5.2. Pressure

Hydrothermal liquefaction is also influenced by pressure when it comes to decomposition and hydrolysis. An increase in pressure is used during the hydrothermal liquefaction process where higher enthalpies are not required in phase change [97, 98]. To identify the effect of pressure in the process during the experiments all the other parameters are kept constant while the pressure is varied, this showed that there is a significant increase in bio-oil as the pressure increases [99]. Pressures above the critical pressure can be maintained to control the rate of hydrolysis and biomass dissolution, which can increase the productivity of bio-crude through improved thermodynamics [100]. Catalytic run for the same conditions shows a decrease in the amount of oil produced, this is due to the blocking of catalyst active site by high-density solvent when the pressure is increased [101]. This emphasizes that selection of catalyst is crucial during high-pressure liquefaction.

5.3. Residence Time

Residence time is termed as the time required for the hydrothermal reaction to occur after the desired temperature or pressure is reached, this excludes heating and cooling time [102, 103]. This residence time is very crucial in obtaining higher quality bio-crude and other useful products. Lack of residence time may result in incomplete conversion, while excessive residence time can result in the decomposition of desirable products [39, 48, 104]. Small residence times are preferred over longer residence times during the hydrothermal liquefaction at higher temperatures as the decomposition and hydrolysis of components are rapid. The addition of a catalyst at the time would improve the conversion as it provides space for the reaction to occur much quicker than that process without it under the same process conditions [105, 106].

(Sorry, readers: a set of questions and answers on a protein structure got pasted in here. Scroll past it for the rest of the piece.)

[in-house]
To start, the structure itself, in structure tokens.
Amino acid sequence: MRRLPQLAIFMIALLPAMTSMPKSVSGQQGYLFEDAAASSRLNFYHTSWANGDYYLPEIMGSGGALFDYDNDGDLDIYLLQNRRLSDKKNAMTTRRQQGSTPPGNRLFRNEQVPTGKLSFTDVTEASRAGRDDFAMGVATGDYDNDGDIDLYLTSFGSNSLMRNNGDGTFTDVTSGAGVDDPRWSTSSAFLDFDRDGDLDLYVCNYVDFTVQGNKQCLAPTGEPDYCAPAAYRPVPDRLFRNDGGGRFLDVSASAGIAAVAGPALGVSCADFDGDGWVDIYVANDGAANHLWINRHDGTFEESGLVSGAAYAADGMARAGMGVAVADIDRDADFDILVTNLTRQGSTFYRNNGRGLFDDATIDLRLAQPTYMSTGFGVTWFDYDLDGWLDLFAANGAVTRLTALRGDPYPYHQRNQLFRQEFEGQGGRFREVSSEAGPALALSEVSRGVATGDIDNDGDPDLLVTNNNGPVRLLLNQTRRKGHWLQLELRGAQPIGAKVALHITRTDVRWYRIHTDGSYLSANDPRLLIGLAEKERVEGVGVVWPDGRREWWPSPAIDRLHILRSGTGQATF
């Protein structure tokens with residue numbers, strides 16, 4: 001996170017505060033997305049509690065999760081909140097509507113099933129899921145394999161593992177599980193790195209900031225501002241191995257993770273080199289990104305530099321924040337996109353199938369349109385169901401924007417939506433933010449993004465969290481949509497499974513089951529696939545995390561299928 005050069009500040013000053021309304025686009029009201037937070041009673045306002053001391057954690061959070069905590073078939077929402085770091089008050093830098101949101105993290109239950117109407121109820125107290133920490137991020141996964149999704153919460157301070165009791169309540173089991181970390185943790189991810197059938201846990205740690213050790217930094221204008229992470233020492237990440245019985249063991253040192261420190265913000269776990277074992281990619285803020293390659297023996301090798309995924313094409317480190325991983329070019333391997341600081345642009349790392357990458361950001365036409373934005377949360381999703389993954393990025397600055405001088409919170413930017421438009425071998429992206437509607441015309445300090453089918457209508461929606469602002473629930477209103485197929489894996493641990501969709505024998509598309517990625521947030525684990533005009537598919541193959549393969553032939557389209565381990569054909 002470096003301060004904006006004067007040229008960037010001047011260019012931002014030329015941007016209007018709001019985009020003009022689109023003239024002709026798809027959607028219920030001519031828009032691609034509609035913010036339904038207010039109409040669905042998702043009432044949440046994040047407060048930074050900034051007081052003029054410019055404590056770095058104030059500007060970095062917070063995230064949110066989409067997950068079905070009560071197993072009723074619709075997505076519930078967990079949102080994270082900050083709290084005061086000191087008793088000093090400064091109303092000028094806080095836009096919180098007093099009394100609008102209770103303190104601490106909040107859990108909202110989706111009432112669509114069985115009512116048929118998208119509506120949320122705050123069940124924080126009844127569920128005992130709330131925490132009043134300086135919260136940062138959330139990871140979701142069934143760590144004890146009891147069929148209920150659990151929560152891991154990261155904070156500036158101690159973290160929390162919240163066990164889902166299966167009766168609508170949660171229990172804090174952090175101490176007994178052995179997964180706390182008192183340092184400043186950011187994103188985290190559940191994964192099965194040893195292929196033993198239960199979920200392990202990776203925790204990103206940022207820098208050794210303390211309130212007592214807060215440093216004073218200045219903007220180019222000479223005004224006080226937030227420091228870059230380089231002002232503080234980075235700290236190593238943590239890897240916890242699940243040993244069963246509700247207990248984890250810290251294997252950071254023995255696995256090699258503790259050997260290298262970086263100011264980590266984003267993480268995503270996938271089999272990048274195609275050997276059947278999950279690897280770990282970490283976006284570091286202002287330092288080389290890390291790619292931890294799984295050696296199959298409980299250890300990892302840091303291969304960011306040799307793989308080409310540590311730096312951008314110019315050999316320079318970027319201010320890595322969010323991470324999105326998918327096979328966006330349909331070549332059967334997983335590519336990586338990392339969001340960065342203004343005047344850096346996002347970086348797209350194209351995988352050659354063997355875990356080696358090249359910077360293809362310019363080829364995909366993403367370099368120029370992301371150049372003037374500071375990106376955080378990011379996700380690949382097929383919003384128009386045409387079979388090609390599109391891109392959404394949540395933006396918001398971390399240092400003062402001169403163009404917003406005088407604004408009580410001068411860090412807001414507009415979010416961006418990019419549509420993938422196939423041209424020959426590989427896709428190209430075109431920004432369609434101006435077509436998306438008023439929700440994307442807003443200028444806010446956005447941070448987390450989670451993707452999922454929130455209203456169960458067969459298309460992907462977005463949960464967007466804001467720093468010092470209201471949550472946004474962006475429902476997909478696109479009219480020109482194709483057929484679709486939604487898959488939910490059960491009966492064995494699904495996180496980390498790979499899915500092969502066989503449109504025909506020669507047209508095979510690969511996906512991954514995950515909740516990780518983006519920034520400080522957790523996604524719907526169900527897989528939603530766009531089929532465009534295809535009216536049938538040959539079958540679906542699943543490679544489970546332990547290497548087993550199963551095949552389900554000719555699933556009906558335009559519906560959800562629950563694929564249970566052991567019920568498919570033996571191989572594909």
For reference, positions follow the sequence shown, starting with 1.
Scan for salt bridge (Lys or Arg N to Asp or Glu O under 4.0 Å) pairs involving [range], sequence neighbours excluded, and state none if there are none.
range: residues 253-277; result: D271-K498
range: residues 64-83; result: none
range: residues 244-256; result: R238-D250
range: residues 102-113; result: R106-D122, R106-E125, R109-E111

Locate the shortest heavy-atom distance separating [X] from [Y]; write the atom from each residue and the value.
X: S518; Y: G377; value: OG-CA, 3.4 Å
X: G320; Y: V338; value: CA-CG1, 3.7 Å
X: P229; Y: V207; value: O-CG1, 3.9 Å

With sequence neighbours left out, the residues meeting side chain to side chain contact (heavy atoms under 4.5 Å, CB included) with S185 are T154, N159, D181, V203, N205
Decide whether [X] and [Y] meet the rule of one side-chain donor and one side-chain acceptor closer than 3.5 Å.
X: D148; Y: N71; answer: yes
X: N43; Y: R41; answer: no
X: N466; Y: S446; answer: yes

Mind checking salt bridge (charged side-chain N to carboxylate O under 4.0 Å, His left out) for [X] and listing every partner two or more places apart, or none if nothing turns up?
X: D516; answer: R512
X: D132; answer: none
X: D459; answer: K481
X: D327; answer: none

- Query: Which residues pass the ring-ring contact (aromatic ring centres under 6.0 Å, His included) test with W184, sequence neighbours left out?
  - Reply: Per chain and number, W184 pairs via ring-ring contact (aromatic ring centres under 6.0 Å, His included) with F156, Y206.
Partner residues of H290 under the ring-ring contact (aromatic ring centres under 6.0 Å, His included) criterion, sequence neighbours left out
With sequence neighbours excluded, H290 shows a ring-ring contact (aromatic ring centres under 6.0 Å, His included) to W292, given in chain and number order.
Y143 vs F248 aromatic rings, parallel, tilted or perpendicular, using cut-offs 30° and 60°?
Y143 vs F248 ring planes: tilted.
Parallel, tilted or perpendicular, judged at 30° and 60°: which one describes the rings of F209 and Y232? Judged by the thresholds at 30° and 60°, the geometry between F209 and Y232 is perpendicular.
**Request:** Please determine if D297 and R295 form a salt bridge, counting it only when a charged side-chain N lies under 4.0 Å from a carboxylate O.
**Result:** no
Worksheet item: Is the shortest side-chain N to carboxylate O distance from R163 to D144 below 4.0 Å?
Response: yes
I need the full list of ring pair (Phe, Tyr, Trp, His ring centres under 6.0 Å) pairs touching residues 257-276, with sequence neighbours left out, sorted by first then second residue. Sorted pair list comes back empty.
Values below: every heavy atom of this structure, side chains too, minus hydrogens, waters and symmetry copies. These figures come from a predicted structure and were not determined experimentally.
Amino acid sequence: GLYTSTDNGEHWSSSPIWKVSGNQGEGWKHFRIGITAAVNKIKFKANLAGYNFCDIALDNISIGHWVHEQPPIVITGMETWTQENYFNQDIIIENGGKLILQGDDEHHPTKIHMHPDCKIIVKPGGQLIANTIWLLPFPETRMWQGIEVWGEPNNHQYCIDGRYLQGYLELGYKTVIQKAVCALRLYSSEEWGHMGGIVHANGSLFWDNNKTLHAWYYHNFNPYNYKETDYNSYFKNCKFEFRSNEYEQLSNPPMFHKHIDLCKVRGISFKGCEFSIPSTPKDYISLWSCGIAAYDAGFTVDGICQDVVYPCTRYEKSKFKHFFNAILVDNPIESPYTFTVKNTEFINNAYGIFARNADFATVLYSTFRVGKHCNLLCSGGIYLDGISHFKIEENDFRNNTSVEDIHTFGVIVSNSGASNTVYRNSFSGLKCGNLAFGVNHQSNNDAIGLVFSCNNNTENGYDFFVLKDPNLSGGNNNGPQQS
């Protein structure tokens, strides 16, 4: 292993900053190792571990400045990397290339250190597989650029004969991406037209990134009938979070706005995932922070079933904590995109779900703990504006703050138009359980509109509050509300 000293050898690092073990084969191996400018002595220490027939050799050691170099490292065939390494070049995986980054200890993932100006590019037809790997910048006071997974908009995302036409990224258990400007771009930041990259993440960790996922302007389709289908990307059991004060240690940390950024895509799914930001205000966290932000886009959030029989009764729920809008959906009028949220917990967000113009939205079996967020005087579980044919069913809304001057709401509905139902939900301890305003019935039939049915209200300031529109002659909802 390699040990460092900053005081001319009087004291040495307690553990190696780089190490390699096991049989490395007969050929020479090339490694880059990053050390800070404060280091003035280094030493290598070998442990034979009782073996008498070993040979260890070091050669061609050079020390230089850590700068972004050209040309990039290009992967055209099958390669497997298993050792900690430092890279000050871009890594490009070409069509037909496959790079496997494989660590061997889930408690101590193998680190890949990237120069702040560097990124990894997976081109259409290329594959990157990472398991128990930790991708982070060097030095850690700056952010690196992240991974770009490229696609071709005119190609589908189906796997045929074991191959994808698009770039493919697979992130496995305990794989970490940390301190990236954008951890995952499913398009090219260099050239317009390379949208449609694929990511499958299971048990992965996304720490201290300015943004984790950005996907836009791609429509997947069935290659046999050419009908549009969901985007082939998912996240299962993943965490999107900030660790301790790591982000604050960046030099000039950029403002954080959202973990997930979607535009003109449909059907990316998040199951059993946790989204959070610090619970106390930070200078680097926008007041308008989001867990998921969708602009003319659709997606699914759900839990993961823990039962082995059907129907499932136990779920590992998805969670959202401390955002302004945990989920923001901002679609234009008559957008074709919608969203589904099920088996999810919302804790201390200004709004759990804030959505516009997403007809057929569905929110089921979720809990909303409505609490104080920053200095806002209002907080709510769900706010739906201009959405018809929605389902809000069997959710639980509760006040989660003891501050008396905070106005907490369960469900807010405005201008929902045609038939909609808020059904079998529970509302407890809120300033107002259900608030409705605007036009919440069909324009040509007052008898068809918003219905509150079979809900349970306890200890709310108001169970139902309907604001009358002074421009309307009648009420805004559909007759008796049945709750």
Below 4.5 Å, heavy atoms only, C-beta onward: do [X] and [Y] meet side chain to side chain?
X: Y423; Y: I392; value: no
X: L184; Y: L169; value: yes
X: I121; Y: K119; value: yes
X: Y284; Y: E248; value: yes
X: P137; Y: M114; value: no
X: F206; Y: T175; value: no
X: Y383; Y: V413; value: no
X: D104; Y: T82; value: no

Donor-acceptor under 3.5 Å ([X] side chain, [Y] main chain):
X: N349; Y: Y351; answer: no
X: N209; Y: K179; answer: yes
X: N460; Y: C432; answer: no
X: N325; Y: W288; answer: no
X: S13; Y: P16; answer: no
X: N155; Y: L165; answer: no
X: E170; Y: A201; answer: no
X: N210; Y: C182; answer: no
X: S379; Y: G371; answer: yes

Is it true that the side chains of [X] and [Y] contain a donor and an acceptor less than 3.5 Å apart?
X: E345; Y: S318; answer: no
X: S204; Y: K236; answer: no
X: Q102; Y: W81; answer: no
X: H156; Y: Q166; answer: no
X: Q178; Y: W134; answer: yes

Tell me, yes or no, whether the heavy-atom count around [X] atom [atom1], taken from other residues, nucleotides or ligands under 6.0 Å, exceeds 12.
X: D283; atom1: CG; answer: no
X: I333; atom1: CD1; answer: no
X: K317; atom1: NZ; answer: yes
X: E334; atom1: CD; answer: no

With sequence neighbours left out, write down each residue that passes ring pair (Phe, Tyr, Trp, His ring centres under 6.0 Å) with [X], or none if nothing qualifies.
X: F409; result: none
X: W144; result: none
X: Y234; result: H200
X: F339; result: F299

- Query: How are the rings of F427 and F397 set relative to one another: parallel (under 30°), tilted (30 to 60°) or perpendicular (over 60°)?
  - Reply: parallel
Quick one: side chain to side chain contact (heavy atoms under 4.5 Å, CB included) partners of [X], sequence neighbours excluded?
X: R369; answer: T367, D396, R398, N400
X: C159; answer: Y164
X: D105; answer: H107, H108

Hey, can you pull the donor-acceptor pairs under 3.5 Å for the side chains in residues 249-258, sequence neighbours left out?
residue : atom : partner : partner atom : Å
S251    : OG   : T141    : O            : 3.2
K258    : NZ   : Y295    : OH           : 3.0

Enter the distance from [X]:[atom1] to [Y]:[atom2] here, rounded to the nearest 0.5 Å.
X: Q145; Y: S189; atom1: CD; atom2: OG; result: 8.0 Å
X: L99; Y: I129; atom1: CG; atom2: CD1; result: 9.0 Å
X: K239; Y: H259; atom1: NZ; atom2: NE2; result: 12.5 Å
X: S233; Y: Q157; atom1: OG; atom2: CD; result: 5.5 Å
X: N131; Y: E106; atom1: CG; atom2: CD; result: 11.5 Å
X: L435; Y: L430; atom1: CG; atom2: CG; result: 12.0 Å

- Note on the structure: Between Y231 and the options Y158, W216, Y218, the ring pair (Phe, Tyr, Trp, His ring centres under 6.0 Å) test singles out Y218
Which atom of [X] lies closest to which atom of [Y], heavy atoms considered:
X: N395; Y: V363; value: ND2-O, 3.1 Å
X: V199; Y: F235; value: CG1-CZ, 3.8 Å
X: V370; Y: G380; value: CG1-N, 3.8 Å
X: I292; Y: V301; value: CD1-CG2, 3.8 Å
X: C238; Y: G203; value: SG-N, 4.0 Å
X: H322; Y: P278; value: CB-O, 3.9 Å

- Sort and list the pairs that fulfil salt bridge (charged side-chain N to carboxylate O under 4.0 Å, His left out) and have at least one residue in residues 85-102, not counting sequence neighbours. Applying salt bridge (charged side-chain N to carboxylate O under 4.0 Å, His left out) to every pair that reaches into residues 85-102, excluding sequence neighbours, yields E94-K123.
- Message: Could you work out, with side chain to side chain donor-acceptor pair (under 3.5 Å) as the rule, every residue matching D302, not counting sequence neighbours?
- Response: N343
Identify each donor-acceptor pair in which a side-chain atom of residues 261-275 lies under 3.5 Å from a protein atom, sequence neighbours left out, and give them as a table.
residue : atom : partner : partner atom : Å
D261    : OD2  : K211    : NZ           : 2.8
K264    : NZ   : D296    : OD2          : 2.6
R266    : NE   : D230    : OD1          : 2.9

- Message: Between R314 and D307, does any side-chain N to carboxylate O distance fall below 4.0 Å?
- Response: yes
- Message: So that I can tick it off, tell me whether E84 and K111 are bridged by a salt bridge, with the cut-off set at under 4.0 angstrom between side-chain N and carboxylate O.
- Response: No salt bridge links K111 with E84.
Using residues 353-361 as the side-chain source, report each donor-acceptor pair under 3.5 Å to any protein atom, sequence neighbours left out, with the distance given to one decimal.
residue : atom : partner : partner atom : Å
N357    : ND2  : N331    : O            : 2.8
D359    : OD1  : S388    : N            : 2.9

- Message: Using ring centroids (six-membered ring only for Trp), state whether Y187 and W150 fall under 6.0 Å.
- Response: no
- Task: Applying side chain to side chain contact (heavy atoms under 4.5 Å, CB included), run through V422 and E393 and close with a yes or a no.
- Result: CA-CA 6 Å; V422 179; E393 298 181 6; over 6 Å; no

5.4. pH

The reaction medium pH is very important during the hydrothermal process, as the reaction pathway depends on pH, researchers have identified that hydrothermal liquefaction of biomass produces a higher yield in alkaline and acidic conditions depending upon the type of catalysts and solvents [107, 108]. The compounds like levulinic acids and 5-(Hydroxymethyl) furfural (5-HMF) do not decompose in acidic conditions, The biomass produces carboxylic acids function groups such as acetic acids and lactic acids, due to the self-degradation of H2O to H+ and OH at very high temperatures where the pH does not affect the conversion [65, 109]. During the process, if the reaction condition is weakly alkaline as the reaction progresses the pH changes to acidic [109112]. The products obtained during hydrothermal liquefaction are primarily liquid (bio-crude & aqueous), and the pH condition of the reaction medium is very important [113116]. When the bio-crude yields are compared with the pH of the solution it is found that to ensure higher yield at a lower temperature the reaction medium is to be acidic but at the same time to produce higher yields at medium to higher temperatures the reaction medium is to be alkaline as given in Fig. S4. But it is very important to consider the fact that there will be a difference in yield at same process condition but with different catalysts as they tend to affect the reaction medium, so selection of catalyst is very important during hydrothermal process.